Hiking, Biking, Running, and Skiing on West Virginia’s Greenbrier Trail

Cross-posted from Appalachian Voices

By Joe Tennis

A gentle, one percent grade makes the Greenbrier Trail perfect for multiple=A gentle, one percent grade makes the Greenbrier Trail perfect for multiple sports, such as biking, trail running, and skiing in the winter. Photo by Joe Tennis.

Near a quiet place called Renick, W.Va., though the railroad is long since gone, a crossing sign remains. And so does the former path of the Greenbrier Division of the Chesapeake and Ohio Railway, now the Greenbrier River Trail.

Stops called Horrock, Beard, Thorny Creek and Stony Bottom line this railroad path, converted into a multi-use trail spanning 78 miles and a century of history in the Greenbrier Valley of West Virginia.

Every mile or two, another wild scene of the Greenbrier River unfolds—inviting, especially on a warm summer day. Here and there are tiny waterfalls; nothing big in the first six miles of the trail in Greenbrier County, near Hopper, but still just as delightful as the river and the picnic tables, ferns, rhododendron and rocky cliffs scattered along the trail.

The Greenbrier River Trail parallels the Greenbrier River for most of its journey, providing not only great scenery but also a quick place to cool off.

About halfway between White Sulphur Springs and the lovely town of Lewisburg, the trail heads northward, breezing past the rocky banks of the Greenbrier. Here, the trains once rumbled past North Caldwell, the trail’s southern terminus, near Stonehouse Road.

The train opened up development in West Virginia in communities like Renick, which bustled with activity in the early 1900s. Now, in Renick, mowed fields border what used to be the railroad.

About six miles north, on either side of the 402-foot-long Droop Mountain Tunnel near Horrock, a young-growth forest provides a lush, green jungle around the path, visited by thousands each year on foot, bicycle, horseback and cross-country skis.

Inside, the Droop Mountain Tunnel appears almost spooky. It’s dark, damp and pitch-black at its center.
The well-maintained trail’s smooth, crushed-limestone surface boasts a one-percent grade; it drops only about 220 feet in elevation from north to south. The trail looks like a quiet county lane with grass growing in the middle; every five or six miles, you’ll find another parking area.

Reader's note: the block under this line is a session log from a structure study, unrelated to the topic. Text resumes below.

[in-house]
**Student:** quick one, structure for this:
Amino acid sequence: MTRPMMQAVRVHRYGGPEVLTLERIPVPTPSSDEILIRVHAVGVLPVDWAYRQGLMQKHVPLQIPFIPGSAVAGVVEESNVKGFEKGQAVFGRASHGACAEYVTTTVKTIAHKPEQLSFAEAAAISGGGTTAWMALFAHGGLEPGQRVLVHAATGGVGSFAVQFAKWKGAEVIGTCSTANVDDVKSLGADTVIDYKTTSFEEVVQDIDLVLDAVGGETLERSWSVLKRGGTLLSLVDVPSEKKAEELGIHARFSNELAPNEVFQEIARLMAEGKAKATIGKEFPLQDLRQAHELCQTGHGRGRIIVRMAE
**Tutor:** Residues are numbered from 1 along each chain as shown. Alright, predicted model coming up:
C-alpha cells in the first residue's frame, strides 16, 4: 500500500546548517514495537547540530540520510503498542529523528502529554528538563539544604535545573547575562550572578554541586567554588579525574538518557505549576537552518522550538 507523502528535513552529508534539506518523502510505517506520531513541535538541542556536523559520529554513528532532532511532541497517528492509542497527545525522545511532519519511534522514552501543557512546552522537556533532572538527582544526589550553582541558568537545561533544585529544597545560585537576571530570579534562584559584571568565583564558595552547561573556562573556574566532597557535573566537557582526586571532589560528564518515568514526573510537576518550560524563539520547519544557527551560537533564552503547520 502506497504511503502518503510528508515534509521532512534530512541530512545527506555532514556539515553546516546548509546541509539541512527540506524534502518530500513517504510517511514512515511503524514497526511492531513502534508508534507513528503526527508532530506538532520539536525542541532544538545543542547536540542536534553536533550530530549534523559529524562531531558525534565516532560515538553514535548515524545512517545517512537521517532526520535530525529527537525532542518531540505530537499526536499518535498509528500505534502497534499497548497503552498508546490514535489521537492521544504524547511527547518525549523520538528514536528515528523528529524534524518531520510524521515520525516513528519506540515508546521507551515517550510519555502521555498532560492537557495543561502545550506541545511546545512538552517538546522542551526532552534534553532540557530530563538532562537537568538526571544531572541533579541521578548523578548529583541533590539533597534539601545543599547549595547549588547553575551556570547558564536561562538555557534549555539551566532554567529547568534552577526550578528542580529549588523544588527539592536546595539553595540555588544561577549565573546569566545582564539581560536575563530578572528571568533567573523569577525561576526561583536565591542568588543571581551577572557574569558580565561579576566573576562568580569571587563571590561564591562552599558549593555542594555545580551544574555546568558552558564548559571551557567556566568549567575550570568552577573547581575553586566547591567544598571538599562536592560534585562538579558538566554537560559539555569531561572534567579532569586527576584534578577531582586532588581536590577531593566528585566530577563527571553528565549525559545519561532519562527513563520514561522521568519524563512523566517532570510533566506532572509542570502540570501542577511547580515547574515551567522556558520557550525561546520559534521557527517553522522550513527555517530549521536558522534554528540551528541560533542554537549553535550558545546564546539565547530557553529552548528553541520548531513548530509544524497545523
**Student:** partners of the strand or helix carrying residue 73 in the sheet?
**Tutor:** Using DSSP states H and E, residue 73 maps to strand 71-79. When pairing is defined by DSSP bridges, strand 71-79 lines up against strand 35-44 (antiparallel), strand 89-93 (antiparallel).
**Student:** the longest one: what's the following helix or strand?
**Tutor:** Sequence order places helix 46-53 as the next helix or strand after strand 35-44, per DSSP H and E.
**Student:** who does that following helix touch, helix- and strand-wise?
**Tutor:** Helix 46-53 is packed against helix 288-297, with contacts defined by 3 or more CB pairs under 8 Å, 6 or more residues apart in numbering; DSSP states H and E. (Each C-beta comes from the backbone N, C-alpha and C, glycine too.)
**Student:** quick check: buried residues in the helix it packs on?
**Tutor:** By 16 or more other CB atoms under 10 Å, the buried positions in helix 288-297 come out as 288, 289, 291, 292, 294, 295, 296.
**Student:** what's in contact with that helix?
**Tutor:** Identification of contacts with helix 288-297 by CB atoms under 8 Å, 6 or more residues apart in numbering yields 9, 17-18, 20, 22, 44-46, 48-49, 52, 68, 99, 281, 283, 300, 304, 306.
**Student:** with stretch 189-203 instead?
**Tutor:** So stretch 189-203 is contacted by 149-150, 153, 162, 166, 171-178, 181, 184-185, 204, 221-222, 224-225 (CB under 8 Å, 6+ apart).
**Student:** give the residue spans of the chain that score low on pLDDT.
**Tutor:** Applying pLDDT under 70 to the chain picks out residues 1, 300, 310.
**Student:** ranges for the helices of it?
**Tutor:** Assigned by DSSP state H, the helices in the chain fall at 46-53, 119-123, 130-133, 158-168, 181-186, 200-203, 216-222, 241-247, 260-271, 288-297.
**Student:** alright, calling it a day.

The entrance to the 402-foot-long Droop Mountain Tunnel. Photo by Joe Tennis.The entrance to the 402-foot-long Droop Mountain Tunnel. Photo by Joe Tennis.

“(The Greenbrier River Trail) is well-maintained and not really crowded,” said David Hungerford, a retired wedding photographer from Port Tobacco, Md. “We could bring our horses down here and ride it, and snowshoe in the wintertime. It’s a good trail.”

On a rainy Friday morning, Hungerford and his wife, Susie, explored the trail on bicycles, tracing about 30 miles in a day.

“It’s more than the trail,” David Hungerford said. “It’s also just the surrounding countryside, the towns, the people. It’s a nice area. It’s some place you feel comfortable.”

Much of the trail itself remains refreshingly remote despite its popularity, as it lies adjacent to the Monongahela National Forest and Seneca State Forest, with both places giving trail-users even more room to roam.

Now overseen in conjunction with Watoga State Park, the Greenbrier River Trail owes a debt to Mark Ligon Hankins, whose continuing efforts persuaded the CSX Corporation to give land for the trail’s development. Hankins then worked with state and federal agencies to turn the rail into a trail. A sign along the trail describes Hankins as “a caring man.”

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Hiking, Biking, Running, and Skiing on West Virginia’s Greenbrier Trail

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